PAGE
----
Sean was born in London in 1952 and grew up in Hull. He was educated at
Selwyn College, Cambridge, and has a prolific and wide-ranging literary
career as a poet, critic, playwright, broadcaster, anthologist, short
story writer, editor and academic. He has lived in Newcastle since 1990
and is currently Professor of Creative Writing at Newcastle University,
a position he intends to retain.
Remarkably, his five collections of poetry to date have all won awards,
with Ghost Train (1995) and Downriver (2001), earning him the
Forward Prize for Best Collection. No one had ever won this award twice
He went on to win a third Forward Prize when his single poem, Fantasia on a Theme of James Wright,
was honoured in 2006. The judges, chaired by John Burnside, called it
ďas close as it is possible to come to a perfect poemĒ. The poem will
be featured in a new collection, The
Drowned Book, which is due to be published by Picador in autumn
Seanís poetry has also been recognised by the Eric Gregory Award
(1979), the EM Forster Award (1983) and Cholmondeley Award (1988).
His most recent work of poetry is a new verse version of Dante's Inferno, the first volume of which
was published by Picador in October 2006. He plans to start work on
translating the second volume of The
Divine Comedy in 2007.
Sean is delighted to have won the 2007 Northern Rock Foundation
Writerís Award and said: ďI am very pleased and very surprised to have
been recognised in this way. I have been lucky enough to win several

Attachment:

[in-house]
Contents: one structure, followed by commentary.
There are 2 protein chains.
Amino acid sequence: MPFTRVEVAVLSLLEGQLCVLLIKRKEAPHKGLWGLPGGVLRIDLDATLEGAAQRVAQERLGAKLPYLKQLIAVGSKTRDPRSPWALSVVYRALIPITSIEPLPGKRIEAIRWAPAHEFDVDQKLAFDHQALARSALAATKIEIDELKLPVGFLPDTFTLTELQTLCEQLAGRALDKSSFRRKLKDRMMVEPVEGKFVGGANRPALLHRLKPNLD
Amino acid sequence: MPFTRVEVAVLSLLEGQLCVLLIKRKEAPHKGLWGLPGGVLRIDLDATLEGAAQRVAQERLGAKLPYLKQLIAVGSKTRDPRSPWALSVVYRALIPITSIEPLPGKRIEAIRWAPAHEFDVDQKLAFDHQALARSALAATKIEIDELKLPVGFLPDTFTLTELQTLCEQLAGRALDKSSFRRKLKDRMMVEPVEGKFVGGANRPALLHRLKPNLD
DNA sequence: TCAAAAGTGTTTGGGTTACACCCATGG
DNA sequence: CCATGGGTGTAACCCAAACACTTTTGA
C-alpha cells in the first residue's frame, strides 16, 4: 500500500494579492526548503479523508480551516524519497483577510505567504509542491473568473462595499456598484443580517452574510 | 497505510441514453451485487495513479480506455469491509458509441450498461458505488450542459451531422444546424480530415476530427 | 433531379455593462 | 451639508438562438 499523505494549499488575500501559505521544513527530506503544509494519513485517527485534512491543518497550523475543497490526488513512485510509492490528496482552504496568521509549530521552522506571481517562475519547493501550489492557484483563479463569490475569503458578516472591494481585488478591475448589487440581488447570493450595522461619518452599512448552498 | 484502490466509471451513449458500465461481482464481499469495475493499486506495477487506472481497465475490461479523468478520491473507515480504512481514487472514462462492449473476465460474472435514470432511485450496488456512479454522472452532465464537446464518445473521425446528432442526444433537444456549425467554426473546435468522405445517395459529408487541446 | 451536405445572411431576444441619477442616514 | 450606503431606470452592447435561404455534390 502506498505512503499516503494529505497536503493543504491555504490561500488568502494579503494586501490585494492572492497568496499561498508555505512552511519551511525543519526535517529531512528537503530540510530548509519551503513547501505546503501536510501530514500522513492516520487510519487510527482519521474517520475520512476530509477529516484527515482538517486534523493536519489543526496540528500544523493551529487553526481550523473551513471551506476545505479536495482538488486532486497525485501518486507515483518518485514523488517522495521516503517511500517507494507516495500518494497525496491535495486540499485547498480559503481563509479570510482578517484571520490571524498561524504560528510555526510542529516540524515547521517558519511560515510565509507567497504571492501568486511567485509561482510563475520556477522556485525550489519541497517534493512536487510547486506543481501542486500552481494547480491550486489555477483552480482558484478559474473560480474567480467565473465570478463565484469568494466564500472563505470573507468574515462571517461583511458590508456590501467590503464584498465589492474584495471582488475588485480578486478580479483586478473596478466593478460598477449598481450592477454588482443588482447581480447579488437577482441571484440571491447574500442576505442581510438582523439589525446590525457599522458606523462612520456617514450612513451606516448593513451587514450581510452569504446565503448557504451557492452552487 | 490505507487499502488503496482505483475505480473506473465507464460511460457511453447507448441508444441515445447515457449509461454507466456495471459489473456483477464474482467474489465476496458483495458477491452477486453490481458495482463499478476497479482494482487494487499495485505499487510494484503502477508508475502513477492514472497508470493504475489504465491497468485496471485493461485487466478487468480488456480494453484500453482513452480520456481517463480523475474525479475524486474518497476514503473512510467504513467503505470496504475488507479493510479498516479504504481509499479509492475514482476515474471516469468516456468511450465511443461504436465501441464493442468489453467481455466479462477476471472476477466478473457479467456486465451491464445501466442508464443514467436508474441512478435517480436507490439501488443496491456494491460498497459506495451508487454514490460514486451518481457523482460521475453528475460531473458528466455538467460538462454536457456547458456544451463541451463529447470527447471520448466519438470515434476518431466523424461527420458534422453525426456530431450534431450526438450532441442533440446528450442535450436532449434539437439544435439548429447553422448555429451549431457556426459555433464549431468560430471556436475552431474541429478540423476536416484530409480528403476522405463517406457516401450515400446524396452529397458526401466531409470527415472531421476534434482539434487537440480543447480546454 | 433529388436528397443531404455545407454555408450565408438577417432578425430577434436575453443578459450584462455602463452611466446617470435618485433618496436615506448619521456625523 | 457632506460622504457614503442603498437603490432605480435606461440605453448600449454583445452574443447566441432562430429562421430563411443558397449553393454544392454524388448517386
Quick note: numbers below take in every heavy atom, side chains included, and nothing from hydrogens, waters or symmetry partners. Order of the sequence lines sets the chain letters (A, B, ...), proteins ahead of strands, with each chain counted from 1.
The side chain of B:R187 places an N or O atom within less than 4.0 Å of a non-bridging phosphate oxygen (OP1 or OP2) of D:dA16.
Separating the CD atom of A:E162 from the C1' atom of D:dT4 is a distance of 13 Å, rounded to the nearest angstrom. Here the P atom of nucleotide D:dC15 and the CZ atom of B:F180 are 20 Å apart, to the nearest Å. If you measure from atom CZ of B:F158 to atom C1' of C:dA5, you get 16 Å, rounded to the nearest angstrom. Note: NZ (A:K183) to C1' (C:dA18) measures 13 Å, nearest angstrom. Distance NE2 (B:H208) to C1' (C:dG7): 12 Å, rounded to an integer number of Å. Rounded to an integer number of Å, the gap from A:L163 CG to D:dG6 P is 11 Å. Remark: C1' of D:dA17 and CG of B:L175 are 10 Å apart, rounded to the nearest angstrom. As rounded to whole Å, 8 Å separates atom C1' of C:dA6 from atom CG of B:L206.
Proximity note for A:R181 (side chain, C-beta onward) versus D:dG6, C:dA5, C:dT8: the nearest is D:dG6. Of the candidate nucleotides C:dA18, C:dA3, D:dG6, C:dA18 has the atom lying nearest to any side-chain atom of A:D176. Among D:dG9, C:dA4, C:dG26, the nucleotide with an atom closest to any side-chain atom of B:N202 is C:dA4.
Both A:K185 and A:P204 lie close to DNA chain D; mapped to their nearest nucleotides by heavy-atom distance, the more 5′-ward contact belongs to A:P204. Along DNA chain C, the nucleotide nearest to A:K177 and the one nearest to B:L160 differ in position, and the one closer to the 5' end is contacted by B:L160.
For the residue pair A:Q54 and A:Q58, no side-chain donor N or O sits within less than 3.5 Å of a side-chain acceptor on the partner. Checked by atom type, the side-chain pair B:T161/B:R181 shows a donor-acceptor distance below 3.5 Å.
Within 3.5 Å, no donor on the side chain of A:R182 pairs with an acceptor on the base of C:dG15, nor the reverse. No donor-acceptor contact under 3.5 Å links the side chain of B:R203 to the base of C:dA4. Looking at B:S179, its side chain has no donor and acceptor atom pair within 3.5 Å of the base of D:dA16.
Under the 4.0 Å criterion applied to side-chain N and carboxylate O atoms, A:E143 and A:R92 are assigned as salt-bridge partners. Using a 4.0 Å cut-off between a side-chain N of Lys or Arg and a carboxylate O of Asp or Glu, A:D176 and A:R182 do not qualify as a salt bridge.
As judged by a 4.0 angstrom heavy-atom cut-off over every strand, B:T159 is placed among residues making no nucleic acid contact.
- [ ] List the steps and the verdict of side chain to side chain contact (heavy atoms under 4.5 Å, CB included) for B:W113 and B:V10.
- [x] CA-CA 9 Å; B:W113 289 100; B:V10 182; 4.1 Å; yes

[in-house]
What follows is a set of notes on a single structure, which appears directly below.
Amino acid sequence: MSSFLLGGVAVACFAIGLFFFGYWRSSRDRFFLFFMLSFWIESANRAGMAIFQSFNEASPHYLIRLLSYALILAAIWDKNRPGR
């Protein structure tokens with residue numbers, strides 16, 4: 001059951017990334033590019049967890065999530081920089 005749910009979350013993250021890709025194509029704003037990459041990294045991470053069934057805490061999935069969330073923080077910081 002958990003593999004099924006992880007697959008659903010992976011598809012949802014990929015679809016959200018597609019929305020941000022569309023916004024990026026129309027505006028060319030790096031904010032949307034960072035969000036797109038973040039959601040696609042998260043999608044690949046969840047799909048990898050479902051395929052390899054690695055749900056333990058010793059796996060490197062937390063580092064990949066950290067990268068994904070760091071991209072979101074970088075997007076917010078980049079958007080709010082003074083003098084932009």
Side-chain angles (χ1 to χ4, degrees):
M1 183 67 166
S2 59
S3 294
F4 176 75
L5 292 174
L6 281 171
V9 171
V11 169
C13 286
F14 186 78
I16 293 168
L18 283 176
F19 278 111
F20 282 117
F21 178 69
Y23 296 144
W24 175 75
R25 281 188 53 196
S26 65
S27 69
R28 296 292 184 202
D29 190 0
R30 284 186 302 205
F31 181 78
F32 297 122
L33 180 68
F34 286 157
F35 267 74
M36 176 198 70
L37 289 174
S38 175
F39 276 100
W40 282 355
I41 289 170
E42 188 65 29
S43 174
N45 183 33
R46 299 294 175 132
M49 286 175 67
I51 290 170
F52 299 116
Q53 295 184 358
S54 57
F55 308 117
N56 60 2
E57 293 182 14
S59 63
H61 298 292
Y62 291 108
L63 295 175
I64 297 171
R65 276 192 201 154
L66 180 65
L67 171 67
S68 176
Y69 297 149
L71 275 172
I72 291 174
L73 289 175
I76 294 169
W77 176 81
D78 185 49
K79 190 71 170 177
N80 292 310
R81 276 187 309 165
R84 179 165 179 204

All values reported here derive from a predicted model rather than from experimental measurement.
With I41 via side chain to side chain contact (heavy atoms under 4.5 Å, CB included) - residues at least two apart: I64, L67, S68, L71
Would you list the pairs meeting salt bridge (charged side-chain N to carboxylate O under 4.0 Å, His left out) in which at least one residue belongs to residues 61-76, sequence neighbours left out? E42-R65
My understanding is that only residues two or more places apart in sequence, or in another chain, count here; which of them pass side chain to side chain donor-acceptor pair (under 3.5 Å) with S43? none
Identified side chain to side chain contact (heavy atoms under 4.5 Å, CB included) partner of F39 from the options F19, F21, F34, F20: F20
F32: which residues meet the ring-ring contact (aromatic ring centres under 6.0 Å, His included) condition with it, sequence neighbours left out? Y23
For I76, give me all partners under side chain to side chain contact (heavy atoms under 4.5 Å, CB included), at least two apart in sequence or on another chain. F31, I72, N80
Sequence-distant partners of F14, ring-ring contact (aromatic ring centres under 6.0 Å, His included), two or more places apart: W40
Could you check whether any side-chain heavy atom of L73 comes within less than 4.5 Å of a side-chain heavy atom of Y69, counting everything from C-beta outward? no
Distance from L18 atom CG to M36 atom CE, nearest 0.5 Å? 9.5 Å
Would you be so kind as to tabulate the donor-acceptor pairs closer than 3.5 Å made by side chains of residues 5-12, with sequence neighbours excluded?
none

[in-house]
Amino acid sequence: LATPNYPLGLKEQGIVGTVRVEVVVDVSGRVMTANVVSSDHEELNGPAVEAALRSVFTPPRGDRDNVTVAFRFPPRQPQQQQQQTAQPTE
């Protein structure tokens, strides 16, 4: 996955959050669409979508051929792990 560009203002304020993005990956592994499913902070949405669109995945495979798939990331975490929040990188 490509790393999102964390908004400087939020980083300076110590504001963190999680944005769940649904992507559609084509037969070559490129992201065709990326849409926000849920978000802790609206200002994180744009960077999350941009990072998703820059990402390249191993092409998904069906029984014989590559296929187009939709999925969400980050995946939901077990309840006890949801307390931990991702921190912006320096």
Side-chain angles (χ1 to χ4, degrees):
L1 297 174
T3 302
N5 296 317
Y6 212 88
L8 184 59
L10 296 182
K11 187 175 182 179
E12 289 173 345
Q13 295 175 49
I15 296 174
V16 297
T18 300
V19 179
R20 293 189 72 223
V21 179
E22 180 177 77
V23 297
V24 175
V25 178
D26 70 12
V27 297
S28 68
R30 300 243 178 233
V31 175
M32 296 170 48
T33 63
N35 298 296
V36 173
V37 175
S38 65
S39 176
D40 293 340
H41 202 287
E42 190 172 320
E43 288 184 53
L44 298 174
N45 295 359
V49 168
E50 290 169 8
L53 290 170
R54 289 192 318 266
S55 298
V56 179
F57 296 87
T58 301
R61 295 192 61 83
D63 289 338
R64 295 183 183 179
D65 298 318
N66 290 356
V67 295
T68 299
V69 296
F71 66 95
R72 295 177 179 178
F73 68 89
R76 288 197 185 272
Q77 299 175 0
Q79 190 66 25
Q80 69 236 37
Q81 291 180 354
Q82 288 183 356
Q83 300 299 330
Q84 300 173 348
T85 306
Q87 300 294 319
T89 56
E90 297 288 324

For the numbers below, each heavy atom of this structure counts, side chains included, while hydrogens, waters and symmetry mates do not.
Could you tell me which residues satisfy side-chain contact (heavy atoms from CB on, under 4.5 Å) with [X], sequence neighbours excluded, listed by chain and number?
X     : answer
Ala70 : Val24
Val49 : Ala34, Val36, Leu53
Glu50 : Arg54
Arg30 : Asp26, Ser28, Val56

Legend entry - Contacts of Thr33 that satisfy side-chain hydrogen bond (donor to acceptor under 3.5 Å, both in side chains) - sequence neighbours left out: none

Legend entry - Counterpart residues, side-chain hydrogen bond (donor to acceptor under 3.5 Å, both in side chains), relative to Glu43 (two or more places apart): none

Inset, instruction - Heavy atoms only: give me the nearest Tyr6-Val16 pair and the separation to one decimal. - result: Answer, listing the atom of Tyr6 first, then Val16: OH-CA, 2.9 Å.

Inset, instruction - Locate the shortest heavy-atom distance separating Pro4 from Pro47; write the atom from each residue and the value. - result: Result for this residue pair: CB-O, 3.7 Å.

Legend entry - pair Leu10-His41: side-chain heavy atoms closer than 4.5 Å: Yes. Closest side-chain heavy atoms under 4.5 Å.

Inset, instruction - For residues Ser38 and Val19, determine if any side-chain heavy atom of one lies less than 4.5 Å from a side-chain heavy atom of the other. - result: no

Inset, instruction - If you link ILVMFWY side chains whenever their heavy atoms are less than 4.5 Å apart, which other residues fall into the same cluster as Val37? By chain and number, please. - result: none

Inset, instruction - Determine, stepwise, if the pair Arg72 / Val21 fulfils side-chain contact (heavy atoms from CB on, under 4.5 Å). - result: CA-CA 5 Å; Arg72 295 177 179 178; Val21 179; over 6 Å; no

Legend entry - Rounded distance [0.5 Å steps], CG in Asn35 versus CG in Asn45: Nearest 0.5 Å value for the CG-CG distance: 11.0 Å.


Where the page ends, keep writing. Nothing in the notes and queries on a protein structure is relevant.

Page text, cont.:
awards in the past for my work but this is certainly the most generous
prize Iíve won.
ďIt will give me the freedom to clear the decks with some of the work I
do, particularly some of the teaching and journalism, so that I can
concentrate fully on writing.
ďI have quite a few projects that Iíd like to tackle, including several
large works. Iím hoping to work on some fiction, particularly my first
novel, a new play, some new poems and I want to continue translating
Danteís Divine Comedy.
ďI wonít be giving up my role at Newcastle University but I do plan to
give up much of the other freelance work I have been doing in recent
years. Itís fair to say that Iíve been getting steadily more productive
over the last decade and I aim to continue that trend. Youíre a long
time dead, so itís best to just get on with it.
ďIn recent years I have become very interested in narrative; itís not a
pre-eminent concern when you are writing poetry. But I feel more
confident in tackling narrative now and I have a novel planned out.
Iíve been working on various short stories over the past few years and
feel ready to have a go at a larger work.Ē